The banks have some brass neck to bleed taxpayers so brutally for cash transfusions to survive, only to turn around a decade later and then refuse to pay profits tax.
Any comparisons with other sectors are erroneous. Free enterprise does not have the luxury of Exchequer bailouts.
As far as the banks go, it's heads they win, tails we lose. Irrespective of whatever bank board room or executive error, banks are too big, too important to fail.
Bankers know they have immunity from their mistakes. Yet they still get to claim they won't pay profits tax. They have enjoyed a charmed life of State protection. Take the response to the tracker mortgage scandal. The Central Bank has dual regulatory roles - ensuring the banks meet their prudential requirements and also looking after consumer protection.
The banks had a culture of concealment.
They denied customers their contractual right to their tracker terms. There was an initial admission of 13,000 cases but the figure now is closer to 20,000.
Some independent estimates predict 35,000. Enormous distress, including the forfeiture of homes, has been inflicted by these institutions.
No class action is allowed under the Irish legal system. No structured redress or compensation scheme was enacted.
The Competition and Consumer Protection Commission should be given the independent statutory role of safeguarding mortgage holders' rights.
The ultimate cost of up to €1bn will have to be picked up by bank customers ultimately in our current captive market.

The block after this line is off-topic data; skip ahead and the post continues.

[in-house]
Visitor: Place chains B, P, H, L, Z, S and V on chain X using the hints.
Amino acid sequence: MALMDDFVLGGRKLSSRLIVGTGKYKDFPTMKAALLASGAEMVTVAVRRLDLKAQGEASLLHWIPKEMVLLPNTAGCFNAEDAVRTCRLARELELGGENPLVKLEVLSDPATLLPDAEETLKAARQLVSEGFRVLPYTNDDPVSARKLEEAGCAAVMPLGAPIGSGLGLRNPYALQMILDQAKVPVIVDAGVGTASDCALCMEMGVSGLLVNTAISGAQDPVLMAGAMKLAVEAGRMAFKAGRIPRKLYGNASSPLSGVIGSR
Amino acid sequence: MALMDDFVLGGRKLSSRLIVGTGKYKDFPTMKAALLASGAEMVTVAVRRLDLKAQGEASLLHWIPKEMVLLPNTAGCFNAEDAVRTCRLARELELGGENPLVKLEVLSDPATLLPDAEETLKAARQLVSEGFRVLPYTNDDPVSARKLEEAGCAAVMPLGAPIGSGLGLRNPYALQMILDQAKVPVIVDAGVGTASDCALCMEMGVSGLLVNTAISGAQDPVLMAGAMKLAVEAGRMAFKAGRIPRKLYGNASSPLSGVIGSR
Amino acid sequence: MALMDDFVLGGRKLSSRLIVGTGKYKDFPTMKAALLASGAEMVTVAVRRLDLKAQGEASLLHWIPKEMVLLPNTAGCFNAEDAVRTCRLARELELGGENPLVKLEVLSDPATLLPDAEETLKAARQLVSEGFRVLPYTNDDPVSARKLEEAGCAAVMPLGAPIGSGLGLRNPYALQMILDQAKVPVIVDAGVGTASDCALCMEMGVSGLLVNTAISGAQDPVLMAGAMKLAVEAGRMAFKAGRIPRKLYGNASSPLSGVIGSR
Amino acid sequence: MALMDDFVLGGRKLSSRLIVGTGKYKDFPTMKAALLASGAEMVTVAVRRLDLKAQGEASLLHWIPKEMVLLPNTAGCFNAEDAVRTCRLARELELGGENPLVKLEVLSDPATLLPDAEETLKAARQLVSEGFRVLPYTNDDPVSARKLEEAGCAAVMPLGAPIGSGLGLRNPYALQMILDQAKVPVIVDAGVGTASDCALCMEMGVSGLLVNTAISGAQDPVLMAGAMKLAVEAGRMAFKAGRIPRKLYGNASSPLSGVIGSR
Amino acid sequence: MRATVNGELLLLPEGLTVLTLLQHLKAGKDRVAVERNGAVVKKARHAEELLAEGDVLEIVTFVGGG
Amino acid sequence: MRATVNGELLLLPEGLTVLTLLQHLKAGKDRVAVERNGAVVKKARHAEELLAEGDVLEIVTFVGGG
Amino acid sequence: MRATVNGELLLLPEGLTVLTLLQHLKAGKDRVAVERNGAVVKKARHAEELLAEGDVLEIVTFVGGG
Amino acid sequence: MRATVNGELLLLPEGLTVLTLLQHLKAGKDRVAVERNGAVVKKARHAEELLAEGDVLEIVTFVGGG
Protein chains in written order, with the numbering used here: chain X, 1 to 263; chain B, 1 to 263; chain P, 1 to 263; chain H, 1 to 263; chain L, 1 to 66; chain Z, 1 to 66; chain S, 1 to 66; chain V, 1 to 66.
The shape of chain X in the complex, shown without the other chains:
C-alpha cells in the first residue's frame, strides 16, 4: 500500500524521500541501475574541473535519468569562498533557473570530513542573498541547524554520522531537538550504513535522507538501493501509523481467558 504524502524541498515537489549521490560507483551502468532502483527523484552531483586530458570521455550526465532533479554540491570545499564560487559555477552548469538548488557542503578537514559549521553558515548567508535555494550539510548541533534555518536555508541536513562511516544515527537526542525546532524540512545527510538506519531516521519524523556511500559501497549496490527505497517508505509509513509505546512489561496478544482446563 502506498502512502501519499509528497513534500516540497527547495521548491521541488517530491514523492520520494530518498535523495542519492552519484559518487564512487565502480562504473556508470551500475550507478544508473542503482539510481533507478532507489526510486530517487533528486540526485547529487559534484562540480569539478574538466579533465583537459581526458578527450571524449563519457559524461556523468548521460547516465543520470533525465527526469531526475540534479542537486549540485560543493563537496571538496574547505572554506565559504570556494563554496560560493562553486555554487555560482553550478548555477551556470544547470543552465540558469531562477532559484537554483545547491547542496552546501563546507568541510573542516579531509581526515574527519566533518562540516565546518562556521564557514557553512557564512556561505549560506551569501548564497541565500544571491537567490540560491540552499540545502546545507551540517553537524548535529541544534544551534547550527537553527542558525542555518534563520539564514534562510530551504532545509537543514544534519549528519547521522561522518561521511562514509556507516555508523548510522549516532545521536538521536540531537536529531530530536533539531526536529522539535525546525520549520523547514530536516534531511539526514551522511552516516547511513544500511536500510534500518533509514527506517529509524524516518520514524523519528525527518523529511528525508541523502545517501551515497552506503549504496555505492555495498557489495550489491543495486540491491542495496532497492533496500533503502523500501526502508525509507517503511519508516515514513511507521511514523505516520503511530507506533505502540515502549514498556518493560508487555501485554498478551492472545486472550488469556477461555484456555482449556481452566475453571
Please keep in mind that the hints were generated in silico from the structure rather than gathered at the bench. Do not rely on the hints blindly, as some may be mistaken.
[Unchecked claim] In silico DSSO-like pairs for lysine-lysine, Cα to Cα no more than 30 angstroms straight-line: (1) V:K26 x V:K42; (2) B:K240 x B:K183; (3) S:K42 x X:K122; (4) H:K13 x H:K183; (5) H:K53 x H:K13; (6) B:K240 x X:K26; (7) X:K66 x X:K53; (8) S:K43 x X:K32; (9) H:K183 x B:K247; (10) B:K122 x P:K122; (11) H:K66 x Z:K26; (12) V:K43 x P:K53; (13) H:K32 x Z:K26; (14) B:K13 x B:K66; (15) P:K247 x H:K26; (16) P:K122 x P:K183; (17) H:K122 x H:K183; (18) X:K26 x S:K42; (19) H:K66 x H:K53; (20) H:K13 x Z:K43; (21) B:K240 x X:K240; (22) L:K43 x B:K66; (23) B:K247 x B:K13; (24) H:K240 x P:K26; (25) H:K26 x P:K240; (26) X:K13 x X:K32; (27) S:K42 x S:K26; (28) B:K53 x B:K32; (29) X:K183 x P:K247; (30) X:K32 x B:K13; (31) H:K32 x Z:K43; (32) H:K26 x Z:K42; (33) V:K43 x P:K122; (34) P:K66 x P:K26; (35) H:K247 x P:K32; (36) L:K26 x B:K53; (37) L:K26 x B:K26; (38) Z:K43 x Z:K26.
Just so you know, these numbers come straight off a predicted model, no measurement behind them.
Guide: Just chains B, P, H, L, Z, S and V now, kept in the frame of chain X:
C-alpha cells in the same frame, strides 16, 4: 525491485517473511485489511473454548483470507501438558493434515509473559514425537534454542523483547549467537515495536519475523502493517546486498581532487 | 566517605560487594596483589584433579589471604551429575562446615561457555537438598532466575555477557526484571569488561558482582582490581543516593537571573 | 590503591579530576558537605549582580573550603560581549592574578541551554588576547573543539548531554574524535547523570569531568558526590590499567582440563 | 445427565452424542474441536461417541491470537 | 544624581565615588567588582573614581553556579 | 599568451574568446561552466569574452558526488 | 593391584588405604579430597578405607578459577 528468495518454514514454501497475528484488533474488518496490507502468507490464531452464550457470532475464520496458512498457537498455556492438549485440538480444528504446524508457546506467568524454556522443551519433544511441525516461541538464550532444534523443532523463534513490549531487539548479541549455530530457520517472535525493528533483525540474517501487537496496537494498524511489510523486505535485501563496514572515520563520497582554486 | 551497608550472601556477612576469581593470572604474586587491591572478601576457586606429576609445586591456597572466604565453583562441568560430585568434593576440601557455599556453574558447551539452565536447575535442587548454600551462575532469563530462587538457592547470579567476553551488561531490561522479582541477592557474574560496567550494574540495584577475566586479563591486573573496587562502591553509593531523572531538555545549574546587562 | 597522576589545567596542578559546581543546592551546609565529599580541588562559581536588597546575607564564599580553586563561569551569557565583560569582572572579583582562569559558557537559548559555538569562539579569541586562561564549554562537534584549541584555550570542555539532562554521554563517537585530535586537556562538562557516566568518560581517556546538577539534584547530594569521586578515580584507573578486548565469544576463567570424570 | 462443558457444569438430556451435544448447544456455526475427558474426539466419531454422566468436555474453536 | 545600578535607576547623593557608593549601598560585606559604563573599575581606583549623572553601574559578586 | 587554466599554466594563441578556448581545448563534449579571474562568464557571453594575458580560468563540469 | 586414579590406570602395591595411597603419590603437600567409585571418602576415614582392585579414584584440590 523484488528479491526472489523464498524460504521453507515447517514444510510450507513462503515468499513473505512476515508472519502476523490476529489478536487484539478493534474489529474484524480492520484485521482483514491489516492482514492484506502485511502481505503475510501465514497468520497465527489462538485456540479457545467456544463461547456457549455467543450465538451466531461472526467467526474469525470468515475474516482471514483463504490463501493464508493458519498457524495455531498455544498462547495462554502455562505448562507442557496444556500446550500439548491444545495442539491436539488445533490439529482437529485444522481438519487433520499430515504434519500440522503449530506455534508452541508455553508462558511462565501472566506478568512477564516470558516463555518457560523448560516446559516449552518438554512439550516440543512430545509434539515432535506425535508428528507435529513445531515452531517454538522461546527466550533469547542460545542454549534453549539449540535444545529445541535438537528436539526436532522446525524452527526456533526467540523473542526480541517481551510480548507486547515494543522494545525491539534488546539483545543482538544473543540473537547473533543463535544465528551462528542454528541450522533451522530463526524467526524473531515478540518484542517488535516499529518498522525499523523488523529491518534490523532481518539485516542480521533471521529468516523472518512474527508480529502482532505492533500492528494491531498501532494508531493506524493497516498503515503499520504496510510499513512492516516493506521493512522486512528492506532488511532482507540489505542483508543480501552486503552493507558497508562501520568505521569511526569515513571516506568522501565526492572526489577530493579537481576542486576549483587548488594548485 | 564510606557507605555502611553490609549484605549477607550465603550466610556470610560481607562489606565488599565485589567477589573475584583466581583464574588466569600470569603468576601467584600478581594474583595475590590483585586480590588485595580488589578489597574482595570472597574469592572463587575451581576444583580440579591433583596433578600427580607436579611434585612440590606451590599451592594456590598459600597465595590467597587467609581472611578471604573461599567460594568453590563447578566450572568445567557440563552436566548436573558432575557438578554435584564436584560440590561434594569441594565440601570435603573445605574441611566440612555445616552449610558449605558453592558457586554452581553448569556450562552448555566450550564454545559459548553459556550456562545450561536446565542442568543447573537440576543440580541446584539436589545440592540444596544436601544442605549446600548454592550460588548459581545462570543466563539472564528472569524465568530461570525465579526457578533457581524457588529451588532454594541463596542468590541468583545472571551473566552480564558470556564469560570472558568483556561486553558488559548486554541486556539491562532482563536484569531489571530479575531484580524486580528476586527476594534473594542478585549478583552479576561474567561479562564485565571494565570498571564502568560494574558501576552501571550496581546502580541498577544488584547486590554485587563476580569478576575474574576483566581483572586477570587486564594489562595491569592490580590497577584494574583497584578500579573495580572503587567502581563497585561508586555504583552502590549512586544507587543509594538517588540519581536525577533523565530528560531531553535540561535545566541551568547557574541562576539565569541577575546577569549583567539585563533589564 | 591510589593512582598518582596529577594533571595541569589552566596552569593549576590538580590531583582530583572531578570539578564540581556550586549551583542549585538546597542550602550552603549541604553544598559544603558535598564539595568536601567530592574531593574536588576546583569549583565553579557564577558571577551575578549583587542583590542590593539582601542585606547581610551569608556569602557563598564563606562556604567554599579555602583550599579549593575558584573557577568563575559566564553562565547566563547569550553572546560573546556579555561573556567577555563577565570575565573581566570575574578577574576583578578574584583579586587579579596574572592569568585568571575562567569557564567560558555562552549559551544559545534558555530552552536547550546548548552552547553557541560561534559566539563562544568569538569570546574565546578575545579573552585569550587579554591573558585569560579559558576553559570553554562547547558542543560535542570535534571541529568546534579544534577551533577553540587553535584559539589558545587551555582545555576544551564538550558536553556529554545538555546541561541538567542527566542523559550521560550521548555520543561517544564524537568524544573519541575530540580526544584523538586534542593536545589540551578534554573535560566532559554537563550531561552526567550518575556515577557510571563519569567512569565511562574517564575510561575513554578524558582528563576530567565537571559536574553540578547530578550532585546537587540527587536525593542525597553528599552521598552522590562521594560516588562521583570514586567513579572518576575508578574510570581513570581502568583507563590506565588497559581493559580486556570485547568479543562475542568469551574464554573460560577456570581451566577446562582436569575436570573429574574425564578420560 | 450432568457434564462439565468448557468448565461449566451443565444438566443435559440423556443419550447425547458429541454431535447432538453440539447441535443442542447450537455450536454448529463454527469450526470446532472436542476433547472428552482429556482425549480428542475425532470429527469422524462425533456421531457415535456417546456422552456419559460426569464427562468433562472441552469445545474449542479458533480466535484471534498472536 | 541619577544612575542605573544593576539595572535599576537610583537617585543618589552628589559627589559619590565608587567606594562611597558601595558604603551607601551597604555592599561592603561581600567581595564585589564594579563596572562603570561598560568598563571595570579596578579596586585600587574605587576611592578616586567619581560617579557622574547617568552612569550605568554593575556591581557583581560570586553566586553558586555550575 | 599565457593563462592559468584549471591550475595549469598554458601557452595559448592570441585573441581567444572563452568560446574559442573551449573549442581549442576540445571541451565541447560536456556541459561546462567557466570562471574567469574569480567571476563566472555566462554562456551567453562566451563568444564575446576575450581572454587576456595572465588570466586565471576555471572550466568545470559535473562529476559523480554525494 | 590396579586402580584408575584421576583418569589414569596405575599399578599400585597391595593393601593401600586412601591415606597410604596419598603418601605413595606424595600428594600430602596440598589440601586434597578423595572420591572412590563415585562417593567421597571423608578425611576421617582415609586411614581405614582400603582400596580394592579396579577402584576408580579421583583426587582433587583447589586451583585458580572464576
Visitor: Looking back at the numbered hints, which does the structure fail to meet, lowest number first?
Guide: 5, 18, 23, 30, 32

Despite 700 cases (offences) proven before the Financial Services Ombudsman, no individual banker has faced criminal prosecution or even censure; no Garda files, no DPP action despite the most distressing personal testimonies before the Oireachtas Finance committee.
Subservience to banks doesn't stop there. Right now we're in the middle of wholesale transfers of distressed mortgages to vulture funds.
Banks failed to provide realistic restructured solutions to 13,000 families with unsustainable mortgages.
Banks can outsource their dirty work and let the State absorb the social housing consequences, while there's no obligation on them to put in place solutions such as mortgage-to-rent schemes.
These non-performing loans (NPLs) in the case of PTSB have an average value of €175,000. The 40pc sales discounts to Lone Star and Cerberus aren't offered to homeowners seeking to retain the roof over their head.
Today's NPL is tomorrow's emergency housing applicant because, inevitably, buy-to-let tenants and evicted former homeowners will become homeless.
An official blind eye has been turned to vulture funds' elusive track record of off-shore offices, service agents and dubious Section 110 'charitable status' tax relief.
Over the past four years, the biggest beneficiaries of the failed housing supply initiatives have been Nama and the banks.
Land hoarding, instead of house construction, has transformed their balance sheets. Prime Dublin sites have doubled in value while resultant rent hikes drive up the cost of living.
And somehow the Department of Finance still feels that bankers' interests are at one with the national interest.
Do ministers and the financial mandarins actually think the share prices of AIB/PTSB are more important than consumer protection, homelessness, or introducing foreign banking competition?
You can bank on it. They do.